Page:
But she wasn't the first instructor to give me this midterm evaluation, there was one other who did as well. I had to ask as I asked both of them what was wanted. I got complimented for my research skills, looking up drugs and illnesses and knowing what they do and how to treat, etc. But then they said I needed to spend more time talking to my bedside nurse, participating in rounds, or being at the bedside. I've only had about 3 patients so far and all three wanted a certain amount of privacy with their parents and I wanted to respect that and tried not to bother them unless I really had to. I know for 2 of my patients I stayed in the room with them during rounds even after the student doctor appeared that she wanted me to leave and I even asked to stay so I could listen in, I spent an entire day off the floor (with permission) with my patient as I walked with her and her mom to the various procedures she had to get done. I asked the nurse to call the doctor because they missed rounds, etc. I even specifically asked for certain patients so that I could experience in certain things. In the other clinical,my peers were furious with me because I ended up late because I was spending all the time with my patients, getting their vitals (no other student did 8am/12noon vitals that day), talking to my nurse, giving baths, talking to families, helping my patient go down to a procedure. So I'm wondering if all of my efforts are just going unrecognized and what is meant when they say they want me to be more assuming. I'm starting to feel like maybe what they want is for me to carry more presence.

Lobot: I'm going to try your suggestion of talking to the nurse (or my instructor) about what I want my process to be. At least that way they can see my thinking. But also, since I've completed all my assignments weeks in advance, I'm going to try and spend more time at the bedside and just try to focus on the overall process. That way, I at least have some idea of what I want my routine to be like, or how to adequately prioritize when I'm on my own.

You guys are right, this too shall pass...

RNperdiem, RN

4,580 Posts

Has 14 years experience.

I hope you eventually find that balance between a need to give of yourself and the business savvy and professionalism to maintain respect.

You need some of both to thrive and survive in nursing.


85 Posts

I am neither thriving nor survivng in nursing. Hence my exit from the program. I know that I''m obsessing on this unfortunate event, but I just can't get my mind off it. I have a lot going for me without being a nurse, but it really is disheartening. So much led up to this point with the prerequisites, the research, the visualization of what it was going to be like, etc. and now it's one big let-down. I have had a lot of let-downs in my working life - and this is yet another which serves to worsen my morale about life. Today I passed a bridge that didn't have railings on it. - so easy to jump, but I don't think I'd ever have the nerve. The temptation was there, however.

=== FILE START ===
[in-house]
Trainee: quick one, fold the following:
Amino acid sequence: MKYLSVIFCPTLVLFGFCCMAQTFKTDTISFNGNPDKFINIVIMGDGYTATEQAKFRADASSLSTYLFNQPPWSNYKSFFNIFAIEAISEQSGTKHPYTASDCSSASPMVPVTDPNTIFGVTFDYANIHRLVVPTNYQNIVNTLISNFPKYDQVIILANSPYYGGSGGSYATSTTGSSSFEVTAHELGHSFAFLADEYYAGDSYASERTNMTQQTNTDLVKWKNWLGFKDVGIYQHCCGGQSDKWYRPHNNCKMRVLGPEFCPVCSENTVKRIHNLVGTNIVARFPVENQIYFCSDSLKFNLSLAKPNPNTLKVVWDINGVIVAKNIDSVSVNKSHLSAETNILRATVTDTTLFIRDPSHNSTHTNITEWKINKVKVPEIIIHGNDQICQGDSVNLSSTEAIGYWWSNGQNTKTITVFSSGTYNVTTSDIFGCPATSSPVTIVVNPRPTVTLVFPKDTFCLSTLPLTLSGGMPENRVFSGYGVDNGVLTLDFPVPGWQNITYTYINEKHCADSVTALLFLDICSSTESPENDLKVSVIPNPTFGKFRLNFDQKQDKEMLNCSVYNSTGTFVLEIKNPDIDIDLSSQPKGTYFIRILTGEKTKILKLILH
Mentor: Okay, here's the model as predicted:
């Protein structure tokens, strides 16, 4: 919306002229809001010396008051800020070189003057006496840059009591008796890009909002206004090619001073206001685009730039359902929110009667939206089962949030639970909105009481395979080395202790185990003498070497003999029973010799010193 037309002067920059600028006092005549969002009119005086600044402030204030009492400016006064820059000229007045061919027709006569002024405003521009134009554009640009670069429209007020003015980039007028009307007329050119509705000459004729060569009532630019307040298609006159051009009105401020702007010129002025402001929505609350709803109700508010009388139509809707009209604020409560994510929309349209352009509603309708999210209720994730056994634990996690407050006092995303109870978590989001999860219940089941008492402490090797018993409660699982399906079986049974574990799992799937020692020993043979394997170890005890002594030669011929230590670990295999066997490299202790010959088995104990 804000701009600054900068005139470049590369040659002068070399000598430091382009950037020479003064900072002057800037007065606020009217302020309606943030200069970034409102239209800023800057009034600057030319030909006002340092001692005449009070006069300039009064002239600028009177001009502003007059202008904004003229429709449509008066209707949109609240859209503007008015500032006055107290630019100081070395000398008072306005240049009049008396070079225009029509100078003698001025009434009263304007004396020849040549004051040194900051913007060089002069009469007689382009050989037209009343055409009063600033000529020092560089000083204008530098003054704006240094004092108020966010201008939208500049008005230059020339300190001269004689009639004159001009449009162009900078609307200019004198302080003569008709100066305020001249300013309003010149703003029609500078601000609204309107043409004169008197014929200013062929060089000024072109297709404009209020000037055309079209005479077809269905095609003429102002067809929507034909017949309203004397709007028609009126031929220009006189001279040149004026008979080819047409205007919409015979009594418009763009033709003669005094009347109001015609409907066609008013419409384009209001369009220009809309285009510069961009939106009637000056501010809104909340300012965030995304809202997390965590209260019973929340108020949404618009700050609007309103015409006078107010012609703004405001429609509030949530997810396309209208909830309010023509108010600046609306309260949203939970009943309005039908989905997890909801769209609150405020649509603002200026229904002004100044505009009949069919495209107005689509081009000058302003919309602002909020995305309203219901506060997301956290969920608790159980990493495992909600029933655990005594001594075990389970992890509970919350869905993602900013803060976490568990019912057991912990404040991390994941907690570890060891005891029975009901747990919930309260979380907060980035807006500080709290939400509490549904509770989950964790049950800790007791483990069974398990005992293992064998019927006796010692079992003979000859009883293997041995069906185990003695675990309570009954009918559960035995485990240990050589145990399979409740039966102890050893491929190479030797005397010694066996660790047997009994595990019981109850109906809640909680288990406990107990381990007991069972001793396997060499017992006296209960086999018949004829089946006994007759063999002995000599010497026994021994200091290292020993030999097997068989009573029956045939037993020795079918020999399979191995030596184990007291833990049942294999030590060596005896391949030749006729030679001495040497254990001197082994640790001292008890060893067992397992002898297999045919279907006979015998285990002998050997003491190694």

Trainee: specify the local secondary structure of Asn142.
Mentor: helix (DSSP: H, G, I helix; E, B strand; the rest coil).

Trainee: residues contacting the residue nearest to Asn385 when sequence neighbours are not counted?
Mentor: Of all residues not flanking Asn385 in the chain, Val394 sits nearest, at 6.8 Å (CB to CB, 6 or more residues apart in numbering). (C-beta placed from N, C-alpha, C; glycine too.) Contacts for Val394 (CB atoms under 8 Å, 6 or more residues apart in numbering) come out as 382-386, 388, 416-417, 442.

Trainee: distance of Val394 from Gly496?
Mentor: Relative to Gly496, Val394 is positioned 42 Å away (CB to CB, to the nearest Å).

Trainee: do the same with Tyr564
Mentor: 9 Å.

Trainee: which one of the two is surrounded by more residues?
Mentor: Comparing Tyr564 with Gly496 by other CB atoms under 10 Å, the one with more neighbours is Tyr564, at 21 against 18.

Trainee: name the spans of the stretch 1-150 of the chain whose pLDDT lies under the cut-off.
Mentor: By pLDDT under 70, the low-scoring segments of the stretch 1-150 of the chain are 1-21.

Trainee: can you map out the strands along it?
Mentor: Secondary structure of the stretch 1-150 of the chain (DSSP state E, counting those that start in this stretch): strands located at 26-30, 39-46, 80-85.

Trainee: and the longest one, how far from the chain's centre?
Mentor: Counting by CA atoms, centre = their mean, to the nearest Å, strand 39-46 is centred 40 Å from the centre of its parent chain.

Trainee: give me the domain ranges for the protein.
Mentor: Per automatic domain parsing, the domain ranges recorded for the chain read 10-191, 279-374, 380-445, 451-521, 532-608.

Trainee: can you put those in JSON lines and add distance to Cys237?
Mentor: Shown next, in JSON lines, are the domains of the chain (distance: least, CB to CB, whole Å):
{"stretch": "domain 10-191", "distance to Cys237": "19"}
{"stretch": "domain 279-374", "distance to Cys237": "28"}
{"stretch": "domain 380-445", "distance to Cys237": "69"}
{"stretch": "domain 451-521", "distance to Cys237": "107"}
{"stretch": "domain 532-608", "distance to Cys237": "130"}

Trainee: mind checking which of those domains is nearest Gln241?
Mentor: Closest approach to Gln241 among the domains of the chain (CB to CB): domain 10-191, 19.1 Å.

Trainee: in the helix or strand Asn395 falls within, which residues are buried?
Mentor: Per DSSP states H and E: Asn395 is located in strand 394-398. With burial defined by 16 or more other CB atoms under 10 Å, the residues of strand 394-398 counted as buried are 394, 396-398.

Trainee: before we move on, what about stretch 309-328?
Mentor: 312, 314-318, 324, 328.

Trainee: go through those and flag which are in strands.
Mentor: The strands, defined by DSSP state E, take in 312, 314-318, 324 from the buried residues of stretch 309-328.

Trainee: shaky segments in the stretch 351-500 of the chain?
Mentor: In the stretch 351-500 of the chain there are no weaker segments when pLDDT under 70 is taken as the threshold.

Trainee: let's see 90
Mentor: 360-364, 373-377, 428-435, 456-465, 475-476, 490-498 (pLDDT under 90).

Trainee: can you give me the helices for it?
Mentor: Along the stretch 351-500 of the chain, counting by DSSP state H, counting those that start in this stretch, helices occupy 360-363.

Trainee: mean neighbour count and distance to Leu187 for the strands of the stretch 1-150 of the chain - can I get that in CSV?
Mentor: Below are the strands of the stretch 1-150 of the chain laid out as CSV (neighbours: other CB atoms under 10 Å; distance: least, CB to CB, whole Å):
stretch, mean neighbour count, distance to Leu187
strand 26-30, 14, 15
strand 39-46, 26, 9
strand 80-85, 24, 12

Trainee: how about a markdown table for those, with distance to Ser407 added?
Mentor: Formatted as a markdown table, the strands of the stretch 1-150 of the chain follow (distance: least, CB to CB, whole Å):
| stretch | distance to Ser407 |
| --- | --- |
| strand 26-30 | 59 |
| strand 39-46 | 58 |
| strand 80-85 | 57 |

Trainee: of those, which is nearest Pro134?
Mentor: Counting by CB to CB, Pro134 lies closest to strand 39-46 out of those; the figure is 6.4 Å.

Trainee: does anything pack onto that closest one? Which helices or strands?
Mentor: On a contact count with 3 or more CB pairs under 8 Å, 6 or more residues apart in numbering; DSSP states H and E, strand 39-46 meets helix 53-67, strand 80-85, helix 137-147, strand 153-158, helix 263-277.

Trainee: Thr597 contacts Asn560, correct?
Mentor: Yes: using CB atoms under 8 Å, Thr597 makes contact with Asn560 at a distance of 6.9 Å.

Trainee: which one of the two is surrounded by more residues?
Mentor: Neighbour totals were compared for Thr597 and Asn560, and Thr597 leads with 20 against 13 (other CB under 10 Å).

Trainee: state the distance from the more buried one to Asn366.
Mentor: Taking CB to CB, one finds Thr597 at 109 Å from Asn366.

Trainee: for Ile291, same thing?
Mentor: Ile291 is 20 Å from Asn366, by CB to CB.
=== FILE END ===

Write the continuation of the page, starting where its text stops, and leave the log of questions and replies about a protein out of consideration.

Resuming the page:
Has 6 years experience.
I am neither thriving nor survivng in nursing. Hence my exit from the program. I know that I''m obsessing on this unfortunate event, but I just can't get my mind off it. I have a lot going for me without being a nurse, but it really is disheartening. So much led up to this point with the prerequisites, the research, the visualization of what it was going to be like, etc. and now it's one big let-down. I have had a lot of let-downs in my working life - and this is yet another which serves to worsen my morale about life. Today I passed a bridge that didn't have railings on it. - so easy to jump, but I don't think I'd ever have the nerve. The temptation was there, however.

Hey bigeyes,

Nursing, from the little I've experienced, is tough and I feel it's seldom because of the patients but more because of staff and administration and their expectations from you. If it's your dream, I hope you consider taking it back up in the future if you can, but I'd strongly suggest that you keep posting here and contact someone you know so that you can get extra help. I only say this because I've been talking to a counselor because I've had some anxiety due to suppressing a lot of my emotions since college and having them "bubble to the surface". It helps, to talk. And it's worth doing because you're worth it if for no other reason than you exist.

mmm333, LVN

298 Posts

If you are losing heart in nursing school already, you need to figure out a way to cope. The reality of nursing after school is truly soul-crushing for those who don't develop a thick skin. There are books on the topic that you can buy. And of course people here to get advice from. Think of it as a problem that needs to be addressed and use the nursing process on yourself.

BrandonLPN, LPN

3,358 Posts

Has 5 years experience.

It takes all kinds to make the world go round. Nursing is no different. I'm sure you bring a lot to the table that "type As" don't.